I am not going to press the Leader of the House beyond the point of reason. Of course there are difficulties. Of course I accept his sincerity. I know him to be a man of compassion, and he would not lightly turn his back on this if he could find a way. I notice, however, that he did not answer my question, and I am always interested in why the dog did not bark. I asked whether Boyle had considered this proposition, because I do not believe that he has. But, anyway, I am half met on that point, because the noble Lord the Leader has given me an assurance, not that he will accept it—he has once again underlined the difficulties, and that I accept—but what he will undertake to do is to go back to his colleagues and tell them there is some feeling in the House that every effort should be made to see whether it is possible to help this special class of our colleagues whom we think have been treated unfairly. In those circumstances, I will ask the leave of the Committee to withdraw this Amendment, on the specific undertaking—not a future commitment—that the Leader of the House will go back to his colleagues and ask them to consider this point. I beg leave to withdraw the Amendment.


Certainly I shall do that.

Amendment, by leave, withdrawn.

Lord AYLESTONE moved Amendment No. 9: Page 12, line 21, leave out from ("(1964)") to end of line 24 and insert ("for the words "ten years" there shall be substituted the words "fifteen years".")

The noble Lord said: In moving this Amendment I am dealing with a narrower point than that which we discussed on earlier Amendments, with which I have full sympathy. On Second Reading, I referred to the anomaly existing on the subject of reckonable service. This Amendment is about reckonable service, which need not be explained in full. I shall simply say what I said before. Those people who were Members of Parliament when the Lawrence Report's recommendations became law after the 1964 General Election, and who had had service in excess of 10 years before 1964, were allowed to count 10 years as reckonable for pension purposes. The Government paid into what was then the new fund an amount of money to cover this. It was agreed that from that date anyone with service in excess of 10 years should count 10 years; and if they had seven they should count seven, and so on.

The current situation is that Members of Parliament with service in excess of 10 years before 1964 may count 10 years reckonable. However, the Bill now proposes, in respect of present Members of Parliament, that the reckonable amount of service prior to the 1964 General Election shall be 15 years. It is a retrospective action. This is a retrospective Bill in that respect. It will throw up many anomalies. We can all think of them.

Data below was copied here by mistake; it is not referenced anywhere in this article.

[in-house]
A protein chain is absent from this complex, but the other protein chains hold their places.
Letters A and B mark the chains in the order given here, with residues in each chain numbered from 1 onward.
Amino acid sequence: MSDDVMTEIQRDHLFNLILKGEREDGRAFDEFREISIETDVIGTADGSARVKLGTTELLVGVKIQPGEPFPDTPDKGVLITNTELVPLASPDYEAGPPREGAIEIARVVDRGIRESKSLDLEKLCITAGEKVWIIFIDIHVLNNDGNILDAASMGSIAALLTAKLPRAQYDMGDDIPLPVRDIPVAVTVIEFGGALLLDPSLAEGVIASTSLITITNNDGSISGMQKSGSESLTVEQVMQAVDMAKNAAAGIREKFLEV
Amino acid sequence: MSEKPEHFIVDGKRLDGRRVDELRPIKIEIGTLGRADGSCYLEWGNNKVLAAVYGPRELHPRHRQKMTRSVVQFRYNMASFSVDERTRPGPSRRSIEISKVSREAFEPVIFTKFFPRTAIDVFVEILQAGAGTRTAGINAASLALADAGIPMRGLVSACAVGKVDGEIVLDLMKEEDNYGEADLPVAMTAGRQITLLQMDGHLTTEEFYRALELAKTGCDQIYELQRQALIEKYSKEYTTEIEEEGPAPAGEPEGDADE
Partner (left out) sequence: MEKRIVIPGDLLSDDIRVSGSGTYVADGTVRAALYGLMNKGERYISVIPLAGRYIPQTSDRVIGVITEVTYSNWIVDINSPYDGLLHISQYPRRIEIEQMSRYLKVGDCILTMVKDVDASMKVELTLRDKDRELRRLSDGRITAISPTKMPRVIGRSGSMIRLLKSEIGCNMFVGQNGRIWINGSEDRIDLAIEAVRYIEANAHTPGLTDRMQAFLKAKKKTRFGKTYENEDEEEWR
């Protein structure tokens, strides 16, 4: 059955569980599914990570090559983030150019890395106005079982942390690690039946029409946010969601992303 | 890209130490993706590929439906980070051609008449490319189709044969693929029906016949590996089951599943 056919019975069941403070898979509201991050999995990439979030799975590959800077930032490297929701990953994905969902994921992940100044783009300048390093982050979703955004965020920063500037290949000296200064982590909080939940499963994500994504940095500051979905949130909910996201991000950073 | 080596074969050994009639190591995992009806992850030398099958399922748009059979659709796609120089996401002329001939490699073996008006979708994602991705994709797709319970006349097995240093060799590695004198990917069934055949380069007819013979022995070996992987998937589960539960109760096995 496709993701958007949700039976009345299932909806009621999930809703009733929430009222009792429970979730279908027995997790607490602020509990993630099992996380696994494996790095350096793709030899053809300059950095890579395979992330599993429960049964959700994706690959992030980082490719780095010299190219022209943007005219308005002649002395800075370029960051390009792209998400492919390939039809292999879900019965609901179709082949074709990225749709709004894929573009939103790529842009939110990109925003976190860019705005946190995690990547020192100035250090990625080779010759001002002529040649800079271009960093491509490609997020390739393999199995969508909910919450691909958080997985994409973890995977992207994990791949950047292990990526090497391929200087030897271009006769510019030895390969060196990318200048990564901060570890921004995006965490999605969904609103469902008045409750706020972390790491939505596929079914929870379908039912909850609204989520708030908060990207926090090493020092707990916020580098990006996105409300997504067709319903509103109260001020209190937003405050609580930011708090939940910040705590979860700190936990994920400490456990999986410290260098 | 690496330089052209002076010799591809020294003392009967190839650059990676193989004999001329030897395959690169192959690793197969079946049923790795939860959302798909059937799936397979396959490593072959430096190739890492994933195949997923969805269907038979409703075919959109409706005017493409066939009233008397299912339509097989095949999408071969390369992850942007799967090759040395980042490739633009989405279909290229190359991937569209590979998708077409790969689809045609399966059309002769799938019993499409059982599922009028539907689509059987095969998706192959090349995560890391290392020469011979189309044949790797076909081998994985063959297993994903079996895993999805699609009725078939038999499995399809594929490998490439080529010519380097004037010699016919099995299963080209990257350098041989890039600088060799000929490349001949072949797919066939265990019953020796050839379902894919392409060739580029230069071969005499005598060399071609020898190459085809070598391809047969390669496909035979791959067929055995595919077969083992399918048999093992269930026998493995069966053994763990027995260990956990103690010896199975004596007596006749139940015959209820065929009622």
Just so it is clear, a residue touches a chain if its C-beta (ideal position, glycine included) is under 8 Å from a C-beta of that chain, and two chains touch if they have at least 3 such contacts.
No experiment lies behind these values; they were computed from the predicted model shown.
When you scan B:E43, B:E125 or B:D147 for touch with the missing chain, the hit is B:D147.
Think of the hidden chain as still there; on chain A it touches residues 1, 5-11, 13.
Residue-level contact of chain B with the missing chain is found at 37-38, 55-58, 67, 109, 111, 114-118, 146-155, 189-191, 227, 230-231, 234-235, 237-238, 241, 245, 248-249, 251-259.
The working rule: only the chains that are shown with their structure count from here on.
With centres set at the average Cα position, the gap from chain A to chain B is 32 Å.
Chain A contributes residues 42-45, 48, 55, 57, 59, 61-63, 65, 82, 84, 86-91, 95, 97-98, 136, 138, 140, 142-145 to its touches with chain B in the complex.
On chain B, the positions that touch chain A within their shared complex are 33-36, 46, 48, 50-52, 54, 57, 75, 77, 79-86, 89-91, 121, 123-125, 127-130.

One may think of two Members of Parliament entering Parliament, as I did, in 1945, straight out of the Forces. One decides a month ago to apply for the Chiltern Hundreds, for some reason or another. The other decides to wait until the dissolution of Parliament, perhaps in a month or two, and then retire. The Member who applied for the Chiltern Hundreds will have done exactly the same amount of service, but he will count 10 years reckonable; whereas the Member who continues until the dissolution of Parliament—without sitting for one day after the new Parliament commences—will count 15 years. That is one of the anomalies.

There is perhaps a greater anomaly for the widow. Two Members of Parliament may have served exactly the same length of time. One wife is widowed before the other, in that awkward period before the dissolution of Parliament. One widow will receive £150 a year more than the other by sheer accident. Members may work out anomalies of those kinds for themselves.

My Amendment is simple. I hope that the wording on the Marshalled List will do this. If not, I am prepared to change it. I seek to make the reckonable service 15 years for everyone who has served for 15 years or more prior to the General Election of 1964. Those who have done the service will qualify. They will be treated in precisely the same way as the present Members of Parliament who retire in a few months' time. To benefit from my Amendment a person must have been a Member of Parliament in or before 1949. I shall mention the figures which I obtained in reply to a Parliamentary Question. This affects 70 Members of Parliament and 45 widows. The widows are probably more important than the 70 Members of Parliament, as some ex-Members of Parliament—not the majority—are in this House.

On Second Reading I said that the cost would be negligible. I put the annual cost at about £20,000. I suggested the that if the Government cared to be generous and added a cost-of-living index-related figure to it, it could cost as much as £55,000. In a letter which I did not receive but which I have seen, the Leader of the House in another place said that the annual cost would be £86,000. There is not much difference between us. I assumed that everyone who received anything would pay income tax. It is a net figure. The Leader of the House went on to say that the total capital cost of extending the five years would be about £l¼ million, worked out by Government actuaries. I have every respect for Government actuaries. If the annual cost can come within £20,000 to £50,000, surely the Government actuaries must be taking everything possible into consideration—that all Members of Parliament might die at the same time, the kitchen sink, the number of lamp posts, and whatever else one takes into account. It is like working out the old rate grant that local authorities used to receive. One cannot have a figure of that kind. I was talking about annual costs. Members of your Lordships' House may not agree with me. However, if one multiplies 70 by 300 in the case of Members, and 45 by 150 in the case of widows, one will reach the figure I mentioned. It is not excessive.